Tele column – 20th July 2018

Recently, Inverclyde council has been asking for input regarding the town centre area and in particular the roads to the West of the shopping mall. This is one of a number of such events that have been run in the area. I am always delighted when people engage in the decision making process. The citizens of Inverclyde should be listened to. The fabric of Inverclyde has been eroded with very little consultation. Our coast line has been abused for generations. Land that belongs to us all has seen the wrong buildings erected. Views and shore access has been removed. The very essence of what makes Inverclyde has been sold by the pound and with very little consideration for the greater good. But sometimes we make it easy for this to happen. We don’t engage in the sort of numbers that would concern the decision makers and this allows them to pay lip service to the community. When was the last time a major or even close to a major building project was guided by public opinion. Too often it is just the window dressing. And that’s the way it will always be unless people get motivated, organised and start making their voices heard.

I want to knock down the police station and build the new college on that site. This is something I’ve frequently discussed with West College Scotland. I want to sell the fire station in Port Glasgow to Ferguson Marine. Having met with Fire Scotland to urge they consider selling the land to Ferguson Marine and look at alternative sites in Port Glasgow. I want to build a new combined police, fire and rescue service on the site of Greenock fire station. I want to relocate the cinema and bingo hall into the mall. It was ill-conceived to put these two buildings on our glorious waterfront given they have no need for the views. I want to use Spango Valley for renewable energy technologies. This is something I raised during numerous discussions/meetings with businesses, interested parties and Inverclyde Council. And don’t start me on the old Inverkip power station site. There is the potential to do something magnificent on that site from environmentally friendly and sustainable houses to a complete eco village. Building houses on the Inverkip power station site, Spango valley and the Ravenscraig Hospital site is a recipe for gridlock on the A78. I have pushed many of these ideas towards the council but feel frustrated, at times, with our lack of ambition. It’s time we in Inverclyde started thinking big. If we don’t believe in ourselves why should anyone else?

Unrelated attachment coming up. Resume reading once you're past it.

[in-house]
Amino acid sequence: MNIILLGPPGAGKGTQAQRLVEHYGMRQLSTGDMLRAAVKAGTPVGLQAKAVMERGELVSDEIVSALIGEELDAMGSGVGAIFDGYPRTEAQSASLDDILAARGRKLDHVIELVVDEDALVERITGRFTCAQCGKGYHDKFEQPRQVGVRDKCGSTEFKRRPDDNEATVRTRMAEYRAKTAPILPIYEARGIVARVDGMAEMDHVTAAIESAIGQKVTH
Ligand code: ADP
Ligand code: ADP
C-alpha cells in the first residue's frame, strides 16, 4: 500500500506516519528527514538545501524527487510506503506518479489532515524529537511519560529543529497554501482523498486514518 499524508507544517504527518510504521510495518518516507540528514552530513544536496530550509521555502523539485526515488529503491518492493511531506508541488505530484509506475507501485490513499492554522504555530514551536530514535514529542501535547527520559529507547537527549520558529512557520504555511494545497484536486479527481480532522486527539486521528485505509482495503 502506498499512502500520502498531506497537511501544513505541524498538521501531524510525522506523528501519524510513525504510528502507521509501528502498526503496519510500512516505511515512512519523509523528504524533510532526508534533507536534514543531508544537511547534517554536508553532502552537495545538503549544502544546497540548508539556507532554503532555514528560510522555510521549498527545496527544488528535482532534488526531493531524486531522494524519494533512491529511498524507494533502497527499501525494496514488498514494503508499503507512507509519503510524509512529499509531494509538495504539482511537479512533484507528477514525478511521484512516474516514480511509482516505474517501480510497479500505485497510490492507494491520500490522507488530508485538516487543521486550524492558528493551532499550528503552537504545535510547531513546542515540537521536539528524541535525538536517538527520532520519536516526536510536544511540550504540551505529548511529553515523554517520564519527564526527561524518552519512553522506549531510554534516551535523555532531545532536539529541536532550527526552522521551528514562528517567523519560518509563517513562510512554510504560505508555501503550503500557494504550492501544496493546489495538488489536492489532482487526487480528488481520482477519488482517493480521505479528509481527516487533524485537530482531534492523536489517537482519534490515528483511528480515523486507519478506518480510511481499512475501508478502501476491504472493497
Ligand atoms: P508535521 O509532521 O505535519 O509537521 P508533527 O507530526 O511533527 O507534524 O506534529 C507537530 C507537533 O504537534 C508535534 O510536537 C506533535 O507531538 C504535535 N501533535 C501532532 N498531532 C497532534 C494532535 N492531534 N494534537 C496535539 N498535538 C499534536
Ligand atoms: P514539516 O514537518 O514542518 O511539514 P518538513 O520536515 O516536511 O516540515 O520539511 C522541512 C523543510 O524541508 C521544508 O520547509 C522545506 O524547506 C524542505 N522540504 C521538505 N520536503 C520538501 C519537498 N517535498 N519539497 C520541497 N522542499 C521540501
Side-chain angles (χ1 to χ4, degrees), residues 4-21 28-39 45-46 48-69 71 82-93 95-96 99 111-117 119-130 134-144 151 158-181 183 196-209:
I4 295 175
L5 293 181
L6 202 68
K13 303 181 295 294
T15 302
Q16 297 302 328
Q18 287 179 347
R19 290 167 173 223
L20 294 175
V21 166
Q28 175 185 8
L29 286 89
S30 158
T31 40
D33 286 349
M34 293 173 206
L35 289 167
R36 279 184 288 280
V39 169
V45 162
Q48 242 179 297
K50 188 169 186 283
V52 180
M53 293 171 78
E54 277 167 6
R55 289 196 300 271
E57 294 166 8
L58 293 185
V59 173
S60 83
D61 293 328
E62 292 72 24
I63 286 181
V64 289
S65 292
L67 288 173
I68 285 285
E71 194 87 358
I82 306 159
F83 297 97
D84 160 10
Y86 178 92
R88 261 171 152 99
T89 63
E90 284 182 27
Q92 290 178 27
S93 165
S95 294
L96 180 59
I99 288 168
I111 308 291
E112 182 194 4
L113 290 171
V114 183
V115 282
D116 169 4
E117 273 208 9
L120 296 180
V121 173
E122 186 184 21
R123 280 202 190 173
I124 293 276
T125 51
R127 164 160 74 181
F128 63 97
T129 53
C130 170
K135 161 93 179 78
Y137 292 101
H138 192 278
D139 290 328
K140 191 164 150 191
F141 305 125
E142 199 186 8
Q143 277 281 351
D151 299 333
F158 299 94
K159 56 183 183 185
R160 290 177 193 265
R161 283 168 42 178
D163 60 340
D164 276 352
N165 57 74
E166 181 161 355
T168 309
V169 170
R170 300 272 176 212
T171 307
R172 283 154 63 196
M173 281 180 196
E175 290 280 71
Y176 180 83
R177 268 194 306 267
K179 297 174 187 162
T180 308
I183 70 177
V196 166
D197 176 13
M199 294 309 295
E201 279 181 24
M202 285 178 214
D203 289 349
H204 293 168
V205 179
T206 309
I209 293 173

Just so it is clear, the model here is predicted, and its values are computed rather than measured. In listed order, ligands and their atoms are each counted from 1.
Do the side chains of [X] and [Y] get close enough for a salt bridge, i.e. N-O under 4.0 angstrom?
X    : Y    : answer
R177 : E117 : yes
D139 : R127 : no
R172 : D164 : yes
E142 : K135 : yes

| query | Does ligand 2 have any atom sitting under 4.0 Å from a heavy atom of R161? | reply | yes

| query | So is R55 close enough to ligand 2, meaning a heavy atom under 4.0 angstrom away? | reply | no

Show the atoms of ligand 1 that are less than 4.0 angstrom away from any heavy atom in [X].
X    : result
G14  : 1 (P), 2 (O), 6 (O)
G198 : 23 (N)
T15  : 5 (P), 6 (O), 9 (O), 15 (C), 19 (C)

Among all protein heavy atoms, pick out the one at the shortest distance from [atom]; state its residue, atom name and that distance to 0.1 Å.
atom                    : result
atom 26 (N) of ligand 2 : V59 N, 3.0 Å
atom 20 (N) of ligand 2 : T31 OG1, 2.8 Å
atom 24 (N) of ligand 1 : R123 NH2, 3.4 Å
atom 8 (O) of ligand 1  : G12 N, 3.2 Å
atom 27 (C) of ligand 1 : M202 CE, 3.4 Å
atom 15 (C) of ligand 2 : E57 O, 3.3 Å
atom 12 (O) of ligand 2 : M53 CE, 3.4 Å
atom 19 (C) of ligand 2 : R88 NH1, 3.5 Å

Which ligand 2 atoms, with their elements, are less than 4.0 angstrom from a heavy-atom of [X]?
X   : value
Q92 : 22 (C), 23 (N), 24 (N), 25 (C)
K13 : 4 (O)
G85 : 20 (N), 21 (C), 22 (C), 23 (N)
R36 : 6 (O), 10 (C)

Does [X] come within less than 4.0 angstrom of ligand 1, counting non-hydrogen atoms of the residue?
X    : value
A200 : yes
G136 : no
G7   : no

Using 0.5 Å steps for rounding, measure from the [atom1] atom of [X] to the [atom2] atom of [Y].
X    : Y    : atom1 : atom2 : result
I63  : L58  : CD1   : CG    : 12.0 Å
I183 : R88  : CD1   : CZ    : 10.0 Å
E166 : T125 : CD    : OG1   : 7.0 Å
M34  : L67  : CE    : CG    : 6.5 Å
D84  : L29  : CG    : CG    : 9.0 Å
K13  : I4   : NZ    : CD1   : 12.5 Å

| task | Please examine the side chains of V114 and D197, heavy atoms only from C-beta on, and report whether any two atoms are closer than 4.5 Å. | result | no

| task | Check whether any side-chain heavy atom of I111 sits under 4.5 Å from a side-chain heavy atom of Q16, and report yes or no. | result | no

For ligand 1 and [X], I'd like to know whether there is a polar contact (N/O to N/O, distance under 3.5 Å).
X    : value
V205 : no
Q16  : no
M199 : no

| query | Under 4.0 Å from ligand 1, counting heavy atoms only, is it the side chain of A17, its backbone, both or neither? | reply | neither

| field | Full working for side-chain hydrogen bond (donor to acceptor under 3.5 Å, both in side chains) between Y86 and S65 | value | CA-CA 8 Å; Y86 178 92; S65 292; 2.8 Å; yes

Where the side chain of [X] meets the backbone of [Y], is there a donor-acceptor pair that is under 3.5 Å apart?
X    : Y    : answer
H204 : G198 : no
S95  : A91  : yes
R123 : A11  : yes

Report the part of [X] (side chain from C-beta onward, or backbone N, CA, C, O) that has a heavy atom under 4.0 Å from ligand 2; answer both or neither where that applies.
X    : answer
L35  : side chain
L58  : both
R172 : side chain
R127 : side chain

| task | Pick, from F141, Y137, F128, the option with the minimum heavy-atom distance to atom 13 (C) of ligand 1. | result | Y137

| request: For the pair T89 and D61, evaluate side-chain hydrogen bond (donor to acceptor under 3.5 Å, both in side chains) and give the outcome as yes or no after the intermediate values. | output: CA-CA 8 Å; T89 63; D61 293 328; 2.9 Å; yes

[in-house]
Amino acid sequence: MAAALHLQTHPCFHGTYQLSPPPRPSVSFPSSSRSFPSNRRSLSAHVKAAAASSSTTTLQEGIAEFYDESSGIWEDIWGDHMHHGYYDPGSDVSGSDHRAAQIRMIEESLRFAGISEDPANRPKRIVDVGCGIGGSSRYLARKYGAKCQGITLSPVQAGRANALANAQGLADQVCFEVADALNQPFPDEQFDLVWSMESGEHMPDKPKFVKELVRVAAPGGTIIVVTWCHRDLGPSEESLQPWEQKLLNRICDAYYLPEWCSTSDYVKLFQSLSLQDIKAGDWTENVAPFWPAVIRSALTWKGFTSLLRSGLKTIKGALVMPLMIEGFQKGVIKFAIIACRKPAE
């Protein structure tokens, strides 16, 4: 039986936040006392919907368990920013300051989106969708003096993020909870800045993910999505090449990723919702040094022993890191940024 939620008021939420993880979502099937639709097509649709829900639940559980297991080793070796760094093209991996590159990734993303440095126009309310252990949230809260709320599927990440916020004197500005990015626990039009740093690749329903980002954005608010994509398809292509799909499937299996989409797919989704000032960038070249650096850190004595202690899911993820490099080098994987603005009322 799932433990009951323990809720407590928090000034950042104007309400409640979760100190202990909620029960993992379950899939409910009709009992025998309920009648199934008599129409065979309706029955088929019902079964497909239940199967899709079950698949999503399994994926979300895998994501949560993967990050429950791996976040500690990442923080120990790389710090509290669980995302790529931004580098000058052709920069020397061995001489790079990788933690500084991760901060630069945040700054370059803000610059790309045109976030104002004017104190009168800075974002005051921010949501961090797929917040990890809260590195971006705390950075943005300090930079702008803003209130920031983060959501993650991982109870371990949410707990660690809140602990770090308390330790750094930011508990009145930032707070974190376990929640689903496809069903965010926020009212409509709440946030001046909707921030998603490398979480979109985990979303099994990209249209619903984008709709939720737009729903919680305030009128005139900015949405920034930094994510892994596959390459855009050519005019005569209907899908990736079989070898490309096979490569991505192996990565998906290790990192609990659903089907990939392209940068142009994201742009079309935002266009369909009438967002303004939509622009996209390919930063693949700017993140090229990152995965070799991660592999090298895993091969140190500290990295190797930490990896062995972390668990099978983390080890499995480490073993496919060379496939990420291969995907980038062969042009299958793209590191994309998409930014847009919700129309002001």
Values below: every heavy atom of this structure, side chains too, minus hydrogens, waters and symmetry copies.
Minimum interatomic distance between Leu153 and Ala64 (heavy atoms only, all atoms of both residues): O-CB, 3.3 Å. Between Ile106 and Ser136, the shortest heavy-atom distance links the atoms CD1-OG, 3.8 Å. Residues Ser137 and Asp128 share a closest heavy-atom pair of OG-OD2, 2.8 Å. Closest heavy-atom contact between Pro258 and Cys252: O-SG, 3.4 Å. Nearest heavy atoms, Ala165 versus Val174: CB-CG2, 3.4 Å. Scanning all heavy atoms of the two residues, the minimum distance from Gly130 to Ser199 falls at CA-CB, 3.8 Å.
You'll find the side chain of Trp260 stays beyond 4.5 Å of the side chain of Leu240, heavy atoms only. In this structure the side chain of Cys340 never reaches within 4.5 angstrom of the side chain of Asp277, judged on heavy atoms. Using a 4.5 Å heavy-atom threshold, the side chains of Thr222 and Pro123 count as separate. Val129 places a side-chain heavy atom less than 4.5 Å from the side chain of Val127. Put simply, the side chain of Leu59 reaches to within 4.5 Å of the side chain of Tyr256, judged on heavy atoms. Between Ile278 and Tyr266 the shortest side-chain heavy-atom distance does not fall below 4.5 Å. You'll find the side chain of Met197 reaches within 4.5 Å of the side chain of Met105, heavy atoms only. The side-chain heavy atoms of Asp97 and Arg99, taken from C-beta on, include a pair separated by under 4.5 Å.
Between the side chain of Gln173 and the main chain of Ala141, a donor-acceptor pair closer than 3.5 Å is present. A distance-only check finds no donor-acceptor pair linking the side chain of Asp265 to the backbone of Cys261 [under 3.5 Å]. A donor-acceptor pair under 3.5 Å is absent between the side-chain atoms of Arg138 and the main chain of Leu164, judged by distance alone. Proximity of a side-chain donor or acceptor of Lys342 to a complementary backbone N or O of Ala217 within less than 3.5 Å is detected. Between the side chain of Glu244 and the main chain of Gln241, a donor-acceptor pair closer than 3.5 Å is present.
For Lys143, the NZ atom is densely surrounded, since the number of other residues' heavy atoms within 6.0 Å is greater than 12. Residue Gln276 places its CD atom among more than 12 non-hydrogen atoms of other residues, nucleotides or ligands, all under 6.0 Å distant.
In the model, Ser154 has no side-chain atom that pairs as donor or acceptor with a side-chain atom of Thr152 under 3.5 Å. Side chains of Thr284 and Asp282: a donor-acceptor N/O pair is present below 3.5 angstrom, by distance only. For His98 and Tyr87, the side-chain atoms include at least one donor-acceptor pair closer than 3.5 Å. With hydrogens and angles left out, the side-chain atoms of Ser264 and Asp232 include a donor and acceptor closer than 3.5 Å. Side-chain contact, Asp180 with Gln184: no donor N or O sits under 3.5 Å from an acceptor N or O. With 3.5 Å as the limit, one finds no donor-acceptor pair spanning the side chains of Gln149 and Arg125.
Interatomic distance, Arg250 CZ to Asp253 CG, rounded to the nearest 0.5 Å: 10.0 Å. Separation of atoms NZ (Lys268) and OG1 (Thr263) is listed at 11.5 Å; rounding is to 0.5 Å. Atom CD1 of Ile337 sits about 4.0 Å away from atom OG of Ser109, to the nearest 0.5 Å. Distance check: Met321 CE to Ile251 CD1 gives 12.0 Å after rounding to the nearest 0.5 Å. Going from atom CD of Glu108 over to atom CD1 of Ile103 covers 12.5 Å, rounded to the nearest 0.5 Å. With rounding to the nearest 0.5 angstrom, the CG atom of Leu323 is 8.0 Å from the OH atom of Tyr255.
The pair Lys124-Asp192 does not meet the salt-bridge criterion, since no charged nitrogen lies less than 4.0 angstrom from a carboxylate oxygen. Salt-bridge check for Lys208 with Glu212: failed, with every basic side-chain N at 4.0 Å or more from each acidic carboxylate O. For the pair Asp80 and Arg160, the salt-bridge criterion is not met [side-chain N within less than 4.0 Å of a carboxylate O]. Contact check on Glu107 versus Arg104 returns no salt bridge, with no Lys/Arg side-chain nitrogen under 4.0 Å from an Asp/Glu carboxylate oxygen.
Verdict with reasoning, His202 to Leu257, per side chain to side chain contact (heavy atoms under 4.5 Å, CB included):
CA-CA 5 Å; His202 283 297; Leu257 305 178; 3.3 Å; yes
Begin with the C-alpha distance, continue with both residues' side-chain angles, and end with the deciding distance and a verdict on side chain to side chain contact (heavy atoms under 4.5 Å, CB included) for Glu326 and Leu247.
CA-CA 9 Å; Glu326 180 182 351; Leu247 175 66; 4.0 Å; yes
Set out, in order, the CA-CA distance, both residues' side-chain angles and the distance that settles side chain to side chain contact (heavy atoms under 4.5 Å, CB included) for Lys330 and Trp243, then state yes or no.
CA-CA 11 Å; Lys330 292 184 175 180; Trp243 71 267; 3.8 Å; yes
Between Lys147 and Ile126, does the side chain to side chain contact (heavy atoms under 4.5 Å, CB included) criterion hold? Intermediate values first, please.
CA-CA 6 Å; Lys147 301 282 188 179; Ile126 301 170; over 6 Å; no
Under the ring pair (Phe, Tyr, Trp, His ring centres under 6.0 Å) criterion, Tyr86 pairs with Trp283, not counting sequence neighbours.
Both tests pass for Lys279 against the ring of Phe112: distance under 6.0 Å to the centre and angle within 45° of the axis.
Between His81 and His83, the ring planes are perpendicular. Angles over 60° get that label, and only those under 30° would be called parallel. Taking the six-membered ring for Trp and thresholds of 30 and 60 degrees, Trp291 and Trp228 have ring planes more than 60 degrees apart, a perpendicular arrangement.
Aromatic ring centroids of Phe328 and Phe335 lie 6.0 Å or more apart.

Written question – Health [19/07/18]

To ask the Secretary of State for Health and Social Care, with reference to the publication entitled A Healthier Future: Diet & Healthy Weight Delivery Plan, published by the Scottish Government on 2 July 2018, whether he plans to seek convergence of regulations on price promotion between Scotland and England. (163145)

Tabled on: 11 July 2018

Steve Brine:

We welcome Scotland producing its own obesity plan and recognise many of our ambitions are aligned, including measures on price promotions. In the second chapter of our childhood obesity plan, launched in June 2018, we have committed to consult on price promotions later this year. We will consider all responses before setting out the next steps, including looking at the action being taken in Scotland.

‘Childhood obesity: a plan for action, chapter 2’ is available at the following link:

The answer was submitted on 19 Jul 2018 at 16:09.


HIV Outbreak

The recent report of 934 drug related deaths in Scotland in 2017 highlights a national disgrace which must act as a wake-up call. Back in the 1980s the world was introduced to ‘a big disease with a little name’, HIV. This forced us to reconsider our attitude towards drug consumption. Through advances in medical science and a change of behaviour, notably increased use of condoms and a reduction in sharing needles in the drug injecting community, we gained greater control and eventually slowed down the spread. It took us a few years to come to terms with the crisis facing us but during that time we nearly got it right. We nearly embraced needle exchanges and in some cases, like Glasgow, where we did, we greatly reduced the spread of HIV. In other cities such as New York and Edinburgh we didn’t and HIV spread like wildfire through the drug injecting community and beyond.